FOR IMMEDIATE RELEASE
December 20, 2012
MAYOR BLOOMBERG URGES NEW YORKERS STILL WITHOUT HEAT FROM HURRICANE SANDY TO RELOCATE TO A WARM PLACE IMMEDIATELY
Temperatures Expected to Drop into the Mid 20s This Weekend, Putting Residents Living Without Heat at Risk of Hypothermia, Other Serious Health Problems
City's Door to Door Operation Distributing Information About Shelter and Dangers of Cold In Buildings Without Heat
Mayor Michael R. Bloomberg today urged all New Yorkers who are living without heat due to damage caused by Hurricane Sandy to get to a warm, safe place immediately, as temperatures are expected to drop below freezing this weekend and stay cold for at least 3-4 days. People who cannot find warm places to stay on their own can visit a NYC Restoration Center or call 311 and the City will find them a warm place to stay. Additionally, the City, in partnership with the FDNY and the National Guard, has surveyed the damaged areas to determine who remains without power and heat and has been visiting residential buildings to distribute literature regarding the dangers of freezing temperatures, assisting residents in arranging a warm, private and safe place to stay and providing information about fire prevention.
"We have been fortunate that the temperatures this fall have been relatively mild, but when the season turns to winter this Friday, it is expected to bring the cold with it," said Mayor Bloomberg. "And as temperatures drop, those living without heat face serious health problems and even death. Don't take any chances with your life, or with your family"s lives. Get somewhere warm and safe now. If you cannot stay with friends or relatives, go to a NYC Restoration Center or call 311 and we will find a place for you to stay."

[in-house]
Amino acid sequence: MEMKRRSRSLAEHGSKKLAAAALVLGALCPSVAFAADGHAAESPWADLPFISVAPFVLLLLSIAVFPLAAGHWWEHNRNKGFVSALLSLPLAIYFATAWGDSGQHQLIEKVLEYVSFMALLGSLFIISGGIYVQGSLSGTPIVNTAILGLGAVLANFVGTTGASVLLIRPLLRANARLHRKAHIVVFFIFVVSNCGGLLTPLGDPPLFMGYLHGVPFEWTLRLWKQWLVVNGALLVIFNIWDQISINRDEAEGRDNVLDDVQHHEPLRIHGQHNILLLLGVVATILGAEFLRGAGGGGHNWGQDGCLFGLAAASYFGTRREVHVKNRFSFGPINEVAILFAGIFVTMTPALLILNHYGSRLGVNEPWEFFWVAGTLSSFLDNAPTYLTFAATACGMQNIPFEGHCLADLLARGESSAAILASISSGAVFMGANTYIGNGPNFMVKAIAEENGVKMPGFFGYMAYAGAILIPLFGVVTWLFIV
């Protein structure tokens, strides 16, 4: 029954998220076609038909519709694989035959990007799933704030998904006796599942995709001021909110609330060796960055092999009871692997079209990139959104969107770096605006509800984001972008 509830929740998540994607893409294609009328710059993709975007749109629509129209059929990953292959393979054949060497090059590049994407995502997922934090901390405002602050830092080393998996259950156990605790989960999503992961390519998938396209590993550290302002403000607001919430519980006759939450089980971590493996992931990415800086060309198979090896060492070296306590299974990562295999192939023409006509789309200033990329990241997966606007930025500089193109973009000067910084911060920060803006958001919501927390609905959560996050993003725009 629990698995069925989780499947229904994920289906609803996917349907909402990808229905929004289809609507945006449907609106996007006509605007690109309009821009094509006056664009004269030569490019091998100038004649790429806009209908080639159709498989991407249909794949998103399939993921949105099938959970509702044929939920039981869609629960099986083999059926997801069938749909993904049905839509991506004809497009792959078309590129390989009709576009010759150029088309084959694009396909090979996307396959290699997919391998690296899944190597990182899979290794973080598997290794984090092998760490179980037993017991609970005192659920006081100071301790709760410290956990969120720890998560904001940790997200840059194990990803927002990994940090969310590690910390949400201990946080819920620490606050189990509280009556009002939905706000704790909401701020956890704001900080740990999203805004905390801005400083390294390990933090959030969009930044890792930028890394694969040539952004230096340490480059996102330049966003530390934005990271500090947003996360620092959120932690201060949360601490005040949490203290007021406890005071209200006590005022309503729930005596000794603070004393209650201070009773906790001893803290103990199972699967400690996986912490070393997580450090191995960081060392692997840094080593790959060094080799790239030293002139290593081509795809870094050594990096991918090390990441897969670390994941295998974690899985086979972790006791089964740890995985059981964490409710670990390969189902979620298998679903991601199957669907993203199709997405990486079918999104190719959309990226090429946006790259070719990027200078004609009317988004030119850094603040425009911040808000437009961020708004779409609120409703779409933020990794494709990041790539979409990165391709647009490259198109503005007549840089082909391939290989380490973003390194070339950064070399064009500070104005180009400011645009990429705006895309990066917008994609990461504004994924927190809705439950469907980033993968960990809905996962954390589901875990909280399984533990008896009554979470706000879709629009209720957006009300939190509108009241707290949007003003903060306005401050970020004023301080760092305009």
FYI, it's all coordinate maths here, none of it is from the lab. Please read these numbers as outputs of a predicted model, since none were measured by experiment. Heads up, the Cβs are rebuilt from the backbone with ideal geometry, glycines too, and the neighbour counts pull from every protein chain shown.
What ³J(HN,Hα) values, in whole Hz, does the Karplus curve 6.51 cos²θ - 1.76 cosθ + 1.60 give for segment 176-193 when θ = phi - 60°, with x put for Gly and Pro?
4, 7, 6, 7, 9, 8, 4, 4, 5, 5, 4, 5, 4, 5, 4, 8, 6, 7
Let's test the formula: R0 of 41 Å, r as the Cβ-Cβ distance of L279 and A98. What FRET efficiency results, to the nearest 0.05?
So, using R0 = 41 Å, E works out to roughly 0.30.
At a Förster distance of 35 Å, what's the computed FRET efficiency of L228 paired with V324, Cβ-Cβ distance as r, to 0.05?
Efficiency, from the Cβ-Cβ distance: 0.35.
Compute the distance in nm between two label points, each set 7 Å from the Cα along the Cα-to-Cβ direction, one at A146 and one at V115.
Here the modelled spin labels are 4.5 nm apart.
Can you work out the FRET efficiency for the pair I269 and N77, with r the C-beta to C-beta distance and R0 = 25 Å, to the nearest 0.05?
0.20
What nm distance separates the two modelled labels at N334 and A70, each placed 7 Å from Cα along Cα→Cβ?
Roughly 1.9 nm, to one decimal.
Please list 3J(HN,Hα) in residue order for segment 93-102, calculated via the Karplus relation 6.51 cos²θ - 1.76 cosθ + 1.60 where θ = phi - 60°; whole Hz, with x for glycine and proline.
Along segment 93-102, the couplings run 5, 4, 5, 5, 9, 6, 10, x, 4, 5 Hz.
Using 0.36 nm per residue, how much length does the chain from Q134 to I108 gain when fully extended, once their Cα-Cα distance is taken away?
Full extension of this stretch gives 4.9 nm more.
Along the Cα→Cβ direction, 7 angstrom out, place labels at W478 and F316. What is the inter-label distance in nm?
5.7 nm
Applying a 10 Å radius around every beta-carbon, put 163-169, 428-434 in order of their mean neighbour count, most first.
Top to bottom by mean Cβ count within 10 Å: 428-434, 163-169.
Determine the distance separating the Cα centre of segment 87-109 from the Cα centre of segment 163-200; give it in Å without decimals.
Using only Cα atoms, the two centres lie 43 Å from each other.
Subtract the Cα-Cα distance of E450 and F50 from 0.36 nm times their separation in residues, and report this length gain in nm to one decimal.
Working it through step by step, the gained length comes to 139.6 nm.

"Prolonged cold exposure can cause hypothermia and worsen other medical problems," said Health Commissioner Dr. Thomas Farley. "Hypothermia is called a 'silent killer' because the symptoms are not always obvious. With temperatures expected to drop this weekend and stay low, there is no time to waste. If you do not have heat, get to a warm place immediately."
According to national weather forecasts, temperatures in New York City are expected to be as low as 25 degrees Fahrenheit this weekend, with wind chill factors as low as 12-15 degrees Fahrenheit, and to remain below the low 40s for at least 3-4 days. Prolonged exposure to such temperatures can lead to hypothermia, which can develop gradually without a person noticing. Prolonged exposure to cold can also worsen asthma, heart disease and other serious conditions. Infants, the elderly and people with existing medical conditions are particularly vulnerable, but healthy people of all ages are at risk from prolonged exposure to the cold and need to find a warm place to stay.
Symptoms of hypothermia include uncontrollable shivering, weakness, sleepiness, confusion and lack of coordination. In infants, signs may include cold, bright red skin and very low energy.
Using stove tops, ovens, grills or faulty space heaters to stay warm can cause deadly carbon monoxide poisoning. Symptoms include sleepiness, dizziness, headaches, confusion and weakness.
Residents whose homes were damaged by Hurricane Sandy and are still without heat or power and cannot find warm places to stay on their own can visit a NYC Restoration Center or call 311 and we will find them a warm place to stay. Homeowners without heat or power are also encouraged to sign up for Rapid Repairs, a free program that provides essential repairs to your home. But people who sign up for Rapid Repairs should still leave their homes if they have no heat. Repairs include permanent or temporary restoration of heat, power and hot water, and other limited repairs to protect the home from further damage. Homeowners must register for Rapid Repairs and complete a Right of Entry form to authorize the City to start the work by December 31, 2012. They can do so by calling 311, or by visiting www.NYC.gov or the nearest Restoration Center.
NYC Restoration Centers are located at the following addresses and are open Monday through Saturday (On Sunday or after hours call 311 for shelter):
Marc LaVorgna/Samantha Levine (212) 788-2958
Jean Weinberg (Health)
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